Summary of the Tonya Craft Case
White v. McKinley: Must-Read Case of the Year

Criminal Law Links & Commentary

Connecticut criminal lawyer Kevin Murray Smith offers sage advice about probation.  Add to that: Dudes, if your woman accuses you (truly or falsely) of domestic violence, get out of the relationship.  There will be no happy ending.  You will eventually be in prison and convicted of a felony.  

* A Terry stop-and-frisk must be justified by reasonable suspicion.  In New York, 99.99% of searches do not reveal a gun.  The numerator is 762 guns found, and the denominator being 575,000 searches.  Nevertheless, a police police or custom that has less than a .001% success rate is routinely upheld in courtrooms nationwide.

In a sane world, Terry would be re-examined in light of statistical evidence.  The problem is that judges only see cases where a Terry stop turned up a gun.  

The availability heuristic is a cognitive bias that makes us believe that x is more or less likely based upon or last experience with x.  See Wiki entry. ("The availability heuristic is a phenomenon (which can result in a cognitive bias) in which people predict the frequency of an event, or a proportion within a population, based on how easily an example can be brought to mind.")

In 100% of cases judges oversee, a Terry stop revealed a gun.  Thus, judges take seriously a police officer's claim that the defendant's "furtive gestures" justified a stop-and-frisk.  After all, judges see all of these cases where the officer was right.  Judges don't see the 99.99% of cases where the officer was wrong.  Thus, the police officer's judgment seems highly reliable.

That police officers are either lying or completely unable to accurately read body language, cannot penetrate even an honest judge's mind because of the availability heuristic.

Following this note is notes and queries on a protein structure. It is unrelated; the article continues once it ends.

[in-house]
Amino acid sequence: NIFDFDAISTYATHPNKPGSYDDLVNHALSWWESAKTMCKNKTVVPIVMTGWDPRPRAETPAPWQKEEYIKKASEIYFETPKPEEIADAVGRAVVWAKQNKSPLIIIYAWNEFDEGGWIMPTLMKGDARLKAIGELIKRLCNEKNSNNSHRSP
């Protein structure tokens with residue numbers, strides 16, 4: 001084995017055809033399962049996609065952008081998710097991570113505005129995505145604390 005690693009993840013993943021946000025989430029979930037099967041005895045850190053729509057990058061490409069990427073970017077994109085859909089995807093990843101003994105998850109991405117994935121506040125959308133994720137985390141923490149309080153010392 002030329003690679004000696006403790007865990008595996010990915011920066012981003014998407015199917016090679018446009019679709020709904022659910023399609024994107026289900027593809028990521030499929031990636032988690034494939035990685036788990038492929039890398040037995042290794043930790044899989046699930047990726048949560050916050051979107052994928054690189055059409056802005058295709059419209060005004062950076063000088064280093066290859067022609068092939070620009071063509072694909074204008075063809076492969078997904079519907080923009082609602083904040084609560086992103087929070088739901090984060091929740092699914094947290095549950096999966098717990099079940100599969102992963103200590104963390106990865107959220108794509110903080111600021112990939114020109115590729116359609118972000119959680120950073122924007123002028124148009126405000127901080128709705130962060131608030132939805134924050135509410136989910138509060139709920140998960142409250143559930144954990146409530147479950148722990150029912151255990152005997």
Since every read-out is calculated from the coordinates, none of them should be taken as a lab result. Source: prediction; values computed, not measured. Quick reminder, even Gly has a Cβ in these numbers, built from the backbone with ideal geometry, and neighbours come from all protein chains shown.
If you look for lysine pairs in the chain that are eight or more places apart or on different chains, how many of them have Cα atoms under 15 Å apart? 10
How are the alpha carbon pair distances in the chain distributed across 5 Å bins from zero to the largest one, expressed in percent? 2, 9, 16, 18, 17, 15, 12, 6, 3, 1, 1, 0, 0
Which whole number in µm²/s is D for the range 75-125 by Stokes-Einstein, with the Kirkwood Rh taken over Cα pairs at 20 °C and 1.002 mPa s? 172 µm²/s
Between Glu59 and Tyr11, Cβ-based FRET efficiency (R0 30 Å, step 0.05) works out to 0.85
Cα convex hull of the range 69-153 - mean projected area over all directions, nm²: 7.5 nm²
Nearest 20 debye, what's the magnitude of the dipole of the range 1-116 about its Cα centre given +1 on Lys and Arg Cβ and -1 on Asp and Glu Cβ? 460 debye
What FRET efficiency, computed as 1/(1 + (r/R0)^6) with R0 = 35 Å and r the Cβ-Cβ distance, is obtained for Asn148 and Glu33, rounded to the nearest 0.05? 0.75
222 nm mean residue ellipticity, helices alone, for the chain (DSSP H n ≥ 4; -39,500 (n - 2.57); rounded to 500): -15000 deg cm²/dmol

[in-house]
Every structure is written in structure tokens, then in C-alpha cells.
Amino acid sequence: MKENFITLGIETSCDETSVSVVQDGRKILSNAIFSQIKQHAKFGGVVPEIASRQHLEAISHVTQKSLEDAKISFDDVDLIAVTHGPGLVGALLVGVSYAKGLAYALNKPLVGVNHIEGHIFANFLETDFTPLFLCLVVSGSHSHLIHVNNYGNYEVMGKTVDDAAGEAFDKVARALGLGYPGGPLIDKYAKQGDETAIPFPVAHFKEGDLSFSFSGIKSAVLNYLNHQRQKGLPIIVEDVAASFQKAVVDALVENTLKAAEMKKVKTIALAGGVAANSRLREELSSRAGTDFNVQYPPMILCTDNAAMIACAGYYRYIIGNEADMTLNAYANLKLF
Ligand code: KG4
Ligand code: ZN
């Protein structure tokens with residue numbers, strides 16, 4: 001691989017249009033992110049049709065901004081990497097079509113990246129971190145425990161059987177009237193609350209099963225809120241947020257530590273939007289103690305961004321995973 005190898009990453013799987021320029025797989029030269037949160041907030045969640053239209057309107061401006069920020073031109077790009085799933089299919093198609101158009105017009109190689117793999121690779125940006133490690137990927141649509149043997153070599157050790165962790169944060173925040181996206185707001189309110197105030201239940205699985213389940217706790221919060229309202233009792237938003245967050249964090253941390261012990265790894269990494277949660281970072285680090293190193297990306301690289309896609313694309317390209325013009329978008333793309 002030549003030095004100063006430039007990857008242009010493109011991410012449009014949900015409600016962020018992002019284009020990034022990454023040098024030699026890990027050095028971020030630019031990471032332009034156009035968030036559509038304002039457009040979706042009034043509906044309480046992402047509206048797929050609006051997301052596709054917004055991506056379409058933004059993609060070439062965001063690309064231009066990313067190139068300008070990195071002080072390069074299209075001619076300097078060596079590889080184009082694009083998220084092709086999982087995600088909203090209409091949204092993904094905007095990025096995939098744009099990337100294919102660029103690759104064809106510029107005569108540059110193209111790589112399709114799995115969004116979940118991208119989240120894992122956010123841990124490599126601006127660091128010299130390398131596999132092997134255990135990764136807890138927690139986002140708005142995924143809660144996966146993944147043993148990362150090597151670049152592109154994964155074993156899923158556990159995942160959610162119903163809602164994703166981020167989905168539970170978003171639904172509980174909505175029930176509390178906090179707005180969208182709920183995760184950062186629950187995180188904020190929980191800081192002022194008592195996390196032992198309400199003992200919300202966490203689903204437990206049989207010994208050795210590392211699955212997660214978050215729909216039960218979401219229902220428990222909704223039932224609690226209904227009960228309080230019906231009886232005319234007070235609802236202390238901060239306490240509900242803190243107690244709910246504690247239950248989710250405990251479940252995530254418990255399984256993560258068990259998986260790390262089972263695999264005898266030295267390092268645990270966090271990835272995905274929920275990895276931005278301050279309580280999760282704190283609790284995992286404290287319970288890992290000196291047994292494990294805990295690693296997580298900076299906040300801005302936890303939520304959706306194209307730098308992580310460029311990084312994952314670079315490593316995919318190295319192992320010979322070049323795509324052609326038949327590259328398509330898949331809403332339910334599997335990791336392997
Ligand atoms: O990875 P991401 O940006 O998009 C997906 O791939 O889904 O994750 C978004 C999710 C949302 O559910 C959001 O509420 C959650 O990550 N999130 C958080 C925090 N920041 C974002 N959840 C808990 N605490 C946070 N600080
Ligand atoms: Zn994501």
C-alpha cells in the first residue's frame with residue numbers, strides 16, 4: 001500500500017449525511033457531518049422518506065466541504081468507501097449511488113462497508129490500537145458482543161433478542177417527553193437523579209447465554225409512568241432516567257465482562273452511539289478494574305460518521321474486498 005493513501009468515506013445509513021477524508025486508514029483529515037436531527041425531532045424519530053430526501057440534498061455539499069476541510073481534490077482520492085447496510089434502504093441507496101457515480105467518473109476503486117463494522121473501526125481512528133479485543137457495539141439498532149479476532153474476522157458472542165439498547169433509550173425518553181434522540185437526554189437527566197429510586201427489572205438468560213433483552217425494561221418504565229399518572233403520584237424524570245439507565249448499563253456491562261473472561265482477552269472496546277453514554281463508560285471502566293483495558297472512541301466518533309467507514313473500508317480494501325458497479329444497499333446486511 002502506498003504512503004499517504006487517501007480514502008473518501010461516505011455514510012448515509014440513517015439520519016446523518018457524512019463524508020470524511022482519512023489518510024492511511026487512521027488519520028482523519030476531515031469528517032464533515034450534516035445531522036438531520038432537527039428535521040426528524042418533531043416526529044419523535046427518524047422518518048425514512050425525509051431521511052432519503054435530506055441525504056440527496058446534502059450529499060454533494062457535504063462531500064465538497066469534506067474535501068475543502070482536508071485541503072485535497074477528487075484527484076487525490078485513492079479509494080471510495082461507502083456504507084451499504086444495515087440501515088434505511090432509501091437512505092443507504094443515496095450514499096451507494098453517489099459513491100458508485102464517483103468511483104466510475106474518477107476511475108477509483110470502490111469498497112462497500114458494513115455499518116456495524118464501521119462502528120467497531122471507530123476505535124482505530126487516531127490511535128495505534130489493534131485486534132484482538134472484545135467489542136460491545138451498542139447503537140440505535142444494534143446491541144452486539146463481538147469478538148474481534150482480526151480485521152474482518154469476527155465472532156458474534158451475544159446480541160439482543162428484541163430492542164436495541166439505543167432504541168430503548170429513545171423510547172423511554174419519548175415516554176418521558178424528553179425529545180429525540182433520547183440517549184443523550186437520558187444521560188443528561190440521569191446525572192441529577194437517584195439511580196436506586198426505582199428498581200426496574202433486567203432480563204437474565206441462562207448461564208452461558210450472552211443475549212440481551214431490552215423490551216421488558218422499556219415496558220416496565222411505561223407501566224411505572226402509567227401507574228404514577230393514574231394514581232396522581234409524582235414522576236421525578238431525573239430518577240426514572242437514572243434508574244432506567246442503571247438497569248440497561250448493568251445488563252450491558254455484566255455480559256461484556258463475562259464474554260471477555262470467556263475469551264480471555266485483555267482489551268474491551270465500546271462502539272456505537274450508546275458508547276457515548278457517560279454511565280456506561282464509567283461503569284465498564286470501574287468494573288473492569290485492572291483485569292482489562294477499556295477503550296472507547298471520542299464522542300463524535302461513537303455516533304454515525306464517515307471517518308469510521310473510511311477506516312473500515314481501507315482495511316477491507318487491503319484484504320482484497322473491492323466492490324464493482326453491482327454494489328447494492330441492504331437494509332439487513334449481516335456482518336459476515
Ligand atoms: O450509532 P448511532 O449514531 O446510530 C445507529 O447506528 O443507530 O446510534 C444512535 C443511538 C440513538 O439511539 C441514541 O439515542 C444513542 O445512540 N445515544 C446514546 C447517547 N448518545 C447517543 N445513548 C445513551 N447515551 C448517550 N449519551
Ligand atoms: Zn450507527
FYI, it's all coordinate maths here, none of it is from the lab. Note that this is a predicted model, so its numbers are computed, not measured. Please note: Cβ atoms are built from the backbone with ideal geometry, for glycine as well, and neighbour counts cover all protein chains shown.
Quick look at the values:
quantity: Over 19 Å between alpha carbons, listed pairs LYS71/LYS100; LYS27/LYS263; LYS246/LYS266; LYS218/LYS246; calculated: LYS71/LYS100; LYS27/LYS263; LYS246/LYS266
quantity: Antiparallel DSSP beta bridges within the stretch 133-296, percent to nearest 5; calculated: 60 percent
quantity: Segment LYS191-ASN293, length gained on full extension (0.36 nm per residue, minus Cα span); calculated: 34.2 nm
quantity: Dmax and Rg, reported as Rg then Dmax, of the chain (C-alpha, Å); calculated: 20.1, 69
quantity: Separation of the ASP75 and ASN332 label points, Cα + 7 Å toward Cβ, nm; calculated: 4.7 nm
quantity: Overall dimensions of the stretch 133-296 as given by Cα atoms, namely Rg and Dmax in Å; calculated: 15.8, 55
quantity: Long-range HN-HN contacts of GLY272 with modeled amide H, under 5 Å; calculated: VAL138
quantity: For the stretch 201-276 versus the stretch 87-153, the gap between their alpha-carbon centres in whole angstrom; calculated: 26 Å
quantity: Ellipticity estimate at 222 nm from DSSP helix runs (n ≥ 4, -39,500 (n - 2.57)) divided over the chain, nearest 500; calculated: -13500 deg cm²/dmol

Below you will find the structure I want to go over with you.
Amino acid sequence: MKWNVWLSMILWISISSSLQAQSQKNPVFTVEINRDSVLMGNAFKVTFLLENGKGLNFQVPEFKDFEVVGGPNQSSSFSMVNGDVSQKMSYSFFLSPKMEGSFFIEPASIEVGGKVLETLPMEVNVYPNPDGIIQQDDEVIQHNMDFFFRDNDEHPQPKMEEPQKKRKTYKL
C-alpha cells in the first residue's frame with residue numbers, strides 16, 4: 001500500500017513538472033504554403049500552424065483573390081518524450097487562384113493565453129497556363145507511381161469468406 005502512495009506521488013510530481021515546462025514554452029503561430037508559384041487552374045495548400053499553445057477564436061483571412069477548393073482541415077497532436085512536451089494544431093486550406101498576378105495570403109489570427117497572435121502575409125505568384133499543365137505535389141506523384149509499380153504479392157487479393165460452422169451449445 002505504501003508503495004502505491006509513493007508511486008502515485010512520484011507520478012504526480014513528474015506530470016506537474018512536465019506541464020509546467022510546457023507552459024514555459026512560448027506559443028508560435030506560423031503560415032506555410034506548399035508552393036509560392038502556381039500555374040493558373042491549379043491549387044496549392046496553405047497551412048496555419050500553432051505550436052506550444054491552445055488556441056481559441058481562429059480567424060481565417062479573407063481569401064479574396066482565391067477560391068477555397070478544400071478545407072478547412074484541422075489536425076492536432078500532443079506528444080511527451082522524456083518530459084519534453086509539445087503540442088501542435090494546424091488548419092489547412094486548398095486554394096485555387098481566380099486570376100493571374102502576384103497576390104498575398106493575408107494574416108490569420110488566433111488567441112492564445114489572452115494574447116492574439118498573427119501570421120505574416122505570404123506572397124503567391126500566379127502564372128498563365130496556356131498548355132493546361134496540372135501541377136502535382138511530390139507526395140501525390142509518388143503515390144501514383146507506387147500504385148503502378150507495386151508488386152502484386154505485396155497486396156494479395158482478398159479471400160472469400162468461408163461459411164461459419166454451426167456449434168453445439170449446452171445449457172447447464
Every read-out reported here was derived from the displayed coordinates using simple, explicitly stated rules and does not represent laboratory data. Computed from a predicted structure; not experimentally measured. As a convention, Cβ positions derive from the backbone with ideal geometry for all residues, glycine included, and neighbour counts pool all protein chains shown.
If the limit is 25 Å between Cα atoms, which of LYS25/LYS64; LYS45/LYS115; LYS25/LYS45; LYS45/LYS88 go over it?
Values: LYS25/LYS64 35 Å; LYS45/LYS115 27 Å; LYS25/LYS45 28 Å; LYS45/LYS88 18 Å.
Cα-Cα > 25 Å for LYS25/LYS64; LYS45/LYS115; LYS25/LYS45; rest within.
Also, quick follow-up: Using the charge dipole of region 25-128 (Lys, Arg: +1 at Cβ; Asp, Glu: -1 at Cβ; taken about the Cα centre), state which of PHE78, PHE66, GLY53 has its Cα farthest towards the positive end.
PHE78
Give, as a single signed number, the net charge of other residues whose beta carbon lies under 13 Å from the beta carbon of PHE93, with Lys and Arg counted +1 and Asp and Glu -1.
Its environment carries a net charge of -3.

Norm Pattis blogs about the real life of a big-name criminal defense lawyer.  If you do real criminal defense, every client is in a life-or-death situation.  One of the challenges of being a lawyer is treating a client like your first client.  

After a few years of practice, nothing shocks you.  Prosecutors and criminal defense lawyers all have gallows humor.  The jokes would offend most sensible people.  Nothing surprises a criminal lawyer.  Nothing that the client is going through is novel to the experienced lawyer.

To most clients, everything is novel.  They want the entire process explained.  They can't understand why you didn't call them at all this week.  "Hasn't stuff been happening?!"  No.  Even in a small state like Connecticut, criminal cases move slowly.  Nothing happens for weeks at a time.  

Meanwhile, clients stew.  They think about their case non-stop.  It is, after all, their only case.  They want to discuss "new" case angles.  If you don't call them back within 24 hours, they believe you're conspiring with the prosecution.  

Most client issues in criminal cases have nothing to do with the law, and everything to do with psychology.

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